It seems the best strategy for OBOR-related communications is in China itself, as involvement in the initiative is generally considered favorable in Chinese media.
[Editor's Note: For more insight on what Belt and Road may mean for communications, see Jack Leslie & Lydia Lee's recent conversation on the initiative.]
10. Chinese Automakers Have An ‘American Dream’
It was recently reported that a major global automotive brand could be bought out by a Chinese automaker.
There was a time, not that long ago, when such a notion would’ve been greeted with snorts of disbelief. Not anymore. And, going forward, PR strategy will be key – because there’s currently talk of a trade war between the countries.
Many Chinese automakers are flush with cash from success at home and are avidly interested in entering the American market. Case in point: One Chinese automaker is investing $500 million to build a European auto brand plant that will employ 2,000 people in Ridgeville S.C. – while a Chinese auto-glass producer has spent $1 billion on U.S. manufacturing facilities (including reopening a former American automaker plant in Moraine, Ohio, that will employ 2,500). So, buying a company that already makes cars or car parts in the U.S. seems like logical way to break into the market by leveraging legacy manufacturing plants, supply chain and dealership networks.
Furthermore, many Chinese automakers are ready to take the leap, having benefitted greatly from joint venture partnerships with more advanced American and European automakers. Moreover, PRC government initiatives to promote new energy vehicles have put many Chinese automakers in a favorable position to capitalise on the electrification trend.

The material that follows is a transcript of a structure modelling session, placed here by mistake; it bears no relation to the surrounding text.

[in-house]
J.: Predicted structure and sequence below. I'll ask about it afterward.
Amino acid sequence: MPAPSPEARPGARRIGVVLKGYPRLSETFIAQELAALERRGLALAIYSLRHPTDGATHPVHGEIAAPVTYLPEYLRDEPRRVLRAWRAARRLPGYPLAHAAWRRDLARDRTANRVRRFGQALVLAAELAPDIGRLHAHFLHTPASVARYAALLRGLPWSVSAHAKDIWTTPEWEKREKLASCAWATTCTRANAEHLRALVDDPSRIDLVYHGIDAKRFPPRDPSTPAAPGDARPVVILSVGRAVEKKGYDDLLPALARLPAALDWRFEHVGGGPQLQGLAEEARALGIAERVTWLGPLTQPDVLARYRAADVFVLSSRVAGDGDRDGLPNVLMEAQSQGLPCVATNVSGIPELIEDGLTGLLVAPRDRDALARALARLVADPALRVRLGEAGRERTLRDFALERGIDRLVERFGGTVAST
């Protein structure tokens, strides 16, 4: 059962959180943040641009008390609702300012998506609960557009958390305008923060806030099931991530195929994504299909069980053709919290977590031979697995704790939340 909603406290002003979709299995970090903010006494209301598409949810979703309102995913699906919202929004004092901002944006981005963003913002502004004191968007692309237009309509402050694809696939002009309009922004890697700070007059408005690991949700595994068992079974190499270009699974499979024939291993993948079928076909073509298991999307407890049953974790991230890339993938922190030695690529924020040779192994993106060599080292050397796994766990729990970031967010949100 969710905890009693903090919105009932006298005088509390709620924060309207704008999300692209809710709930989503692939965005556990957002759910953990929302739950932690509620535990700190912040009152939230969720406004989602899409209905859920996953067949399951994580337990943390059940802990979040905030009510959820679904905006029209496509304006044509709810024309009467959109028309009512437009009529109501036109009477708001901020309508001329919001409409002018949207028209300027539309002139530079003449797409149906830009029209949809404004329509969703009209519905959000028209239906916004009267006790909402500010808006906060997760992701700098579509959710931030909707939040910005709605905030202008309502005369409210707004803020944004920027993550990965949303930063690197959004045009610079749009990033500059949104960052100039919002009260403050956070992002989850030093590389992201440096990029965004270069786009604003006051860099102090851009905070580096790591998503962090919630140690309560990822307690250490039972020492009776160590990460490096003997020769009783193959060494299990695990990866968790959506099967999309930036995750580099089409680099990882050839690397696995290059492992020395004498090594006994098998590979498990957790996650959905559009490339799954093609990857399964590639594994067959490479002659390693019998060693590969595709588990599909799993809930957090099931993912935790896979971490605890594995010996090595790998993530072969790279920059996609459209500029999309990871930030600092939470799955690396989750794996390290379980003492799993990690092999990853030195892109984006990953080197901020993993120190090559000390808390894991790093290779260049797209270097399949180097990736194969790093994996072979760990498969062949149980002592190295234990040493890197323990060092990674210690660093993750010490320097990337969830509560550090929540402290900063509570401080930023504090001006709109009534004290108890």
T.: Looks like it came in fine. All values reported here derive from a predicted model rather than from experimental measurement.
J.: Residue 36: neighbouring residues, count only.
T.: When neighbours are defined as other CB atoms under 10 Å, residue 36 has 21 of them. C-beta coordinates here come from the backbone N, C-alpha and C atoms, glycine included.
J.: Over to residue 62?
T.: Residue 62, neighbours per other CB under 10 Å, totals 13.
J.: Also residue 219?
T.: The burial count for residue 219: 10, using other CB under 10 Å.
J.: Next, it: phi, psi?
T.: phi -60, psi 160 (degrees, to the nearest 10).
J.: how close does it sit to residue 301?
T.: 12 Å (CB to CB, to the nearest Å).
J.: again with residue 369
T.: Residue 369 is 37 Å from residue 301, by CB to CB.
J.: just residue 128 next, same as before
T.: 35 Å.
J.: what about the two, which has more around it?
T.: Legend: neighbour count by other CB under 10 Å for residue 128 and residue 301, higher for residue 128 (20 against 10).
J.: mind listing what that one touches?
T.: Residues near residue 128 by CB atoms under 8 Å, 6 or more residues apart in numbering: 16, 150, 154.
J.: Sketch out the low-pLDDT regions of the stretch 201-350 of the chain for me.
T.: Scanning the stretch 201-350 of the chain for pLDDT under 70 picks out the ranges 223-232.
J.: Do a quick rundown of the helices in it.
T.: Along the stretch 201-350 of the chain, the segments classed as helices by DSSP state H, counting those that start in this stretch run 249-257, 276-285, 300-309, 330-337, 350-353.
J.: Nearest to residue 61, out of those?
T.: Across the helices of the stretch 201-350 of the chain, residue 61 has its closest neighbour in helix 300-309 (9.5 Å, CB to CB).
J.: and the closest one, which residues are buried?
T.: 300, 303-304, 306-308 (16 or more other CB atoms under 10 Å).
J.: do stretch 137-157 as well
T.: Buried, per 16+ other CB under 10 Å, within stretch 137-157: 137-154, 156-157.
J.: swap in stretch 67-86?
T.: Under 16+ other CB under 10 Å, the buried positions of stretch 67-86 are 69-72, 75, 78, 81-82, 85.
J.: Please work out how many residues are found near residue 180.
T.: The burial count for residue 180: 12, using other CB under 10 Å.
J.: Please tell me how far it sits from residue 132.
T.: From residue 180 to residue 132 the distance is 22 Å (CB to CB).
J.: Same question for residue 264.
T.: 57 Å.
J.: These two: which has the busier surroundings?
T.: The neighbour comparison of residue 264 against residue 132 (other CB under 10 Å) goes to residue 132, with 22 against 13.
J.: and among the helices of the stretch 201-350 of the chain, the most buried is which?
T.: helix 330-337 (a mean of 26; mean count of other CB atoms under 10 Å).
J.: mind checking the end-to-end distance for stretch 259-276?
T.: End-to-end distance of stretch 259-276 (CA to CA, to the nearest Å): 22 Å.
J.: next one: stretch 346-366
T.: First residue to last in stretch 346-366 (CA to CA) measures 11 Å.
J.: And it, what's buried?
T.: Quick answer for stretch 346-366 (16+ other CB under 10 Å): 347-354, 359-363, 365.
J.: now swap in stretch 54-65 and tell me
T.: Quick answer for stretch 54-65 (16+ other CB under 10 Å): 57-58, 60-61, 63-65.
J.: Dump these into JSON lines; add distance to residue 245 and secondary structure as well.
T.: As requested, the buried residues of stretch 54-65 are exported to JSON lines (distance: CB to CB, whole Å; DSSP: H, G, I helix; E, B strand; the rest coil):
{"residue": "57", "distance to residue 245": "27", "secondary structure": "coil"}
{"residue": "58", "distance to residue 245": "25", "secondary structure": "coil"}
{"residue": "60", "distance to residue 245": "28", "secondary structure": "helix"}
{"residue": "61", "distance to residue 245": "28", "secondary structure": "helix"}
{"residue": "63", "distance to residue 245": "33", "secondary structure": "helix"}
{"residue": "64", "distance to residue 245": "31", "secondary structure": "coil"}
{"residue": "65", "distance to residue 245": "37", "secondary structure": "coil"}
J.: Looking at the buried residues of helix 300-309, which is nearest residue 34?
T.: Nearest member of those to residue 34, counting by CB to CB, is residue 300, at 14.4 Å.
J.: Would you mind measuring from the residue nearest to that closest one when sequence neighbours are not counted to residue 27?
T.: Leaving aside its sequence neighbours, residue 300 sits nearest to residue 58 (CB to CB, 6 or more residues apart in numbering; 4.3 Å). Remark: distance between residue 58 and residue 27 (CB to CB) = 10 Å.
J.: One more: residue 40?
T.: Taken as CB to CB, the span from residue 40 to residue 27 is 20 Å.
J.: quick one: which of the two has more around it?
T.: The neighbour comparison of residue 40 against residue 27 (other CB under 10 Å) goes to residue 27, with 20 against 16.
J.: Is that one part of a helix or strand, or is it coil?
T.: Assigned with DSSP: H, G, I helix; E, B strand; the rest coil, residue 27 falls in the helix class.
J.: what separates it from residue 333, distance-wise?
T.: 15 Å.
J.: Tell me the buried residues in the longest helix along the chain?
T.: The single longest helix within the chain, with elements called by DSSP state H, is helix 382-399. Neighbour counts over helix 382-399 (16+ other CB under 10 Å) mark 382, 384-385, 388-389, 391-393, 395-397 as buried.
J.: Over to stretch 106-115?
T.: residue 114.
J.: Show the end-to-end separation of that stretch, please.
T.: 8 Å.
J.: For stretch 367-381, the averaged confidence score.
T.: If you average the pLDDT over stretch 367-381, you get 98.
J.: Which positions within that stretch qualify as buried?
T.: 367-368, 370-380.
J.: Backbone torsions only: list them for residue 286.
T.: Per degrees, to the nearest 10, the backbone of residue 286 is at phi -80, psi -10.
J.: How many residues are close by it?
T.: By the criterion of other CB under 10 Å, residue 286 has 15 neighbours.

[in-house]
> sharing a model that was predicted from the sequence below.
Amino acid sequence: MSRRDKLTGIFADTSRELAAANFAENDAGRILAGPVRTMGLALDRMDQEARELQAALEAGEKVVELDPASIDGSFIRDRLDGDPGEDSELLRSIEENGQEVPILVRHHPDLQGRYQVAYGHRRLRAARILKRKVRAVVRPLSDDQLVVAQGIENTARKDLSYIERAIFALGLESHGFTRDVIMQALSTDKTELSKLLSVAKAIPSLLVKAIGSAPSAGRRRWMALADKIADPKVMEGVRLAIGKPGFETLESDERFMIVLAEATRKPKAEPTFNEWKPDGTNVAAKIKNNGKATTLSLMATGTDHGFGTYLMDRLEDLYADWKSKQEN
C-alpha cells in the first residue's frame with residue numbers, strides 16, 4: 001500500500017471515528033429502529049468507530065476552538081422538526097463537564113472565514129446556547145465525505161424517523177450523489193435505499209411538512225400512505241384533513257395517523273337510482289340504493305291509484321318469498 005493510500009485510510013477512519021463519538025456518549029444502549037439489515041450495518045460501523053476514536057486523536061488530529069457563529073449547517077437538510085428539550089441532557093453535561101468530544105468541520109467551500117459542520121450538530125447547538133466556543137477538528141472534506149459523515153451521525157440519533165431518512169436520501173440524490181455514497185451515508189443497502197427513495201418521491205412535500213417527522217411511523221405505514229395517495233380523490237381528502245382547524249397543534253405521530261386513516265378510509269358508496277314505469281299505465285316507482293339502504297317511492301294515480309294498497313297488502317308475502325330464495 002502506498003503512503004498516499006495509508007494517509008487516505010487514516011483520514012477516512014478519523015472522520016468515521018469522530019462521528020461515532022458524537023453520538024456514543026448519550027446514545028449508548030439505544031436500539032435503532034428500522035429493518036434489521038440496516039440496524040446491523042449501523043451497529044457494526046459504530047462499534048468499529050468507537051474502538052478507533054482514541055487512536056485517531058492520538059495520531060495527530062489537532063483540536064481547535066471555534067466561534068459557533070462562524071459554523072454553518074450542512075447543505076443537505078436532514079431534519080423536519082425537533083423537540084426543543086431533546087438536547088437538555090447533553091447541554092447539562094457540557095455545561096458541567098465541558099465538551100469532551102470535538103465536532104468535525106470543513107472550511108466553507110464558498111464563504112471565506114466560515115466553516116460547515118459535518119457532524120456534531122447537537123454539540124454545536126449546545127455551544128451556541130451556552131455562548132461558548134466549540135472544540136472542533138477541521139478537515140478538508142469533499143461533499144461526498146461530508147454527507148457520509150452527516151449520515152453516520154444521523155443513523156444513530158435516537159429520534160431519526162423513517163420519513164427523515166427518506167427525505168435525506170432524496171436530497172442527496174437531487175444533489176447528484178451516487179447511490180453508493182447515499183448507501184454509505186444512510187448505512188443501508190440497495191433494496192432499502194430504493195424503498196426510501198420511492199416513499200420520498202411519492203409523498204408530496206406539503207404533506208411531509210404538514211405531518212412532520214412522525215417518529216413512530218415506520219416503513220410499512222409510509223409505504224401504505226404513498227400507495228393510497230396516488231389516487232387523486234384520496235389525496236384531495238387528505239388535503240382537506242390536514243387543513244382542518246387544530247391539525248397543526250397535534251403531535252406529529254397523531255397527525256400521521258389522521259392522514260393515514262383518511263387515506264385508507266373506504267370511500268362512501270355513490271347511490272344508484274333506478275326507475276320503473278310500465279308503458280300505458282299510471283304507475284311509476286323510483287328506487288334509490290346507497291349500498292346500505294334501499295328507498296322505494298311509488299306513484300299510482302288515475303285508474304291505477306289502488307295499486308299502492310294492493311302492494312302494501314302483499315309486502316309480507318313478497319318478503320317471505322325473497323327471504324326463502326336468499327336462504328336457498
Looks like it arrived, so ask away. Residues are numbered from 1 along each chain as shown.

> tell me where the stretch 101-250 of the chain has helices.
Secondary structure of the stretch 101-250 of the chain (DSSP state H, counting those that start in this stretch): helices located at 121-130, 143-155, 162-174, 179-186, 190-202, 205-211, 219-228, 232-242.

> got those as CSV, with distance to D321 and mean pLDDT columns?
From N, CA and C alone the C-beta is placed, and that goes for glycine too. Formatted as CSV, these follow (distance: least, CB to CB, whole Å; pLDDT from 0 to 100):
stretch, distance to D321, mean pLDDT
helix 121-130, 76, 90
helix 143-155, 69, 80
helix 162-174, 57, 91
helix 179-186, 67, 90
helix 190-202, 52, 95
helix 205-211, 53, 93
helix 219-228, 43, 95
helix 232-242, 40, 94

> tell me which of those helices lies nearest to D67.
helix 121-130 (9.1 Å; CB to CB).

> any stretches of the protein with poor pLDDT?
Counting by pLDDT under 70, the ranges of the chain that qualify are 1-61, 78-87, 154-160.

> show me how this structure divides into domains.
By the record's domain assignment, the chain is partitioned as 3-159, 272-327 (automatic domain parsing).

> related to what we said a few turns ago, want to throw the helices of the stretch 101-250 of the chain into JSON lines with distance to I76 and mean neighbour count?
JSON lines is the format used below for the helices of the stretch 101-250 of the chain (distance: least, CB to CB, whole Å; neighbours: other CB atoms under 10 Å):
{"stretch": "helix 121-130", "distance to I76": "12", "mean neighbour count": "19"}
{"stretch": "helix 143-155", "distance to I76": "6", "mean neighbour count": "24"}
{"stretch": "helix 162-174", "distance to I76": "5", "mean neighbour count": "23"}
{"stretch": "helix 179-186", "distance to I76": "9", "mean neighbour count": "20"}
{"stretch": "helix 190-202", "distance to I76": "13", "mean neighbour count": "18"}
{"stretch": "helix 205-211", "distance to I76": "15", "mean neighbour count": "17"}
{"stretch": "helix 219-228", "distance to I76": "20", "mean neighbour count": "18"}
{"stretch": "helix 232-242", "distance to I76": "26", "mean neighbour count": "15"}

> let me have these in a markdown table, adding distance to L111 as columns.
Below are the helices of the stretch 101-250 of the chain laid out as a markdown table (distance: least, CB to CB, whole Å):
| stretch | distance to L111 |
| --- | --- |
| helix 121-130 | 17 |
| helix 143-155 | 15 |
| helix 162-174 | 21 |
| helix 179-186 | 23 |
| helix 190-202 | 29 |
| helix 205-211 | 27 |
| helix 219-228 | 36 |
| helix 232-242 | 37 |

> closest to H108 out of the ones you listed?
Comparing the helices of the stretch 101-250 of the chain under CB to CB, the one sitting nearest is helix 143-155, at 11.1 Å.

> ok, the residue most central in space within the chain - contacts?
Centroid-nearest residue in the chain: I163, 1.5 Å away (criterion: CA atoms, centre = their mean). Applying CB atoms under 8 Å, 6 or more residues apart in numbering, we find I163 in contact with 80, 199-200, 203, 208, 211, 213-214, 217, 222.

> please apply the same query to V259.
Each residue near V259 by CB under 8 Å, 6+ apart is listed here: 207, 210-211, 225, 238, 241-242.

In other words, Chinese carmakers are making vehicles that are increasingly comparable in quality to models made and sold in more mature markets. It isn’t a stretch to think they will continue to rapidly develop in terms of design and engineering quality. As the Japanese and Koreans did before them, there is no reason to doubt the Chinese are capable of cracking the American market and achieving some degree of success there.
That being said, they will need to adapt their PR practices and brand storytelling to appeal to Western media and audiences. Having the right communications team in place to guide Chinese companies coming to America will undoubtedly aid them in achieving their “American Dream”.
Kristopher Spencer is Senior Director and Head of Content – Automotive at Weber Shandwick China.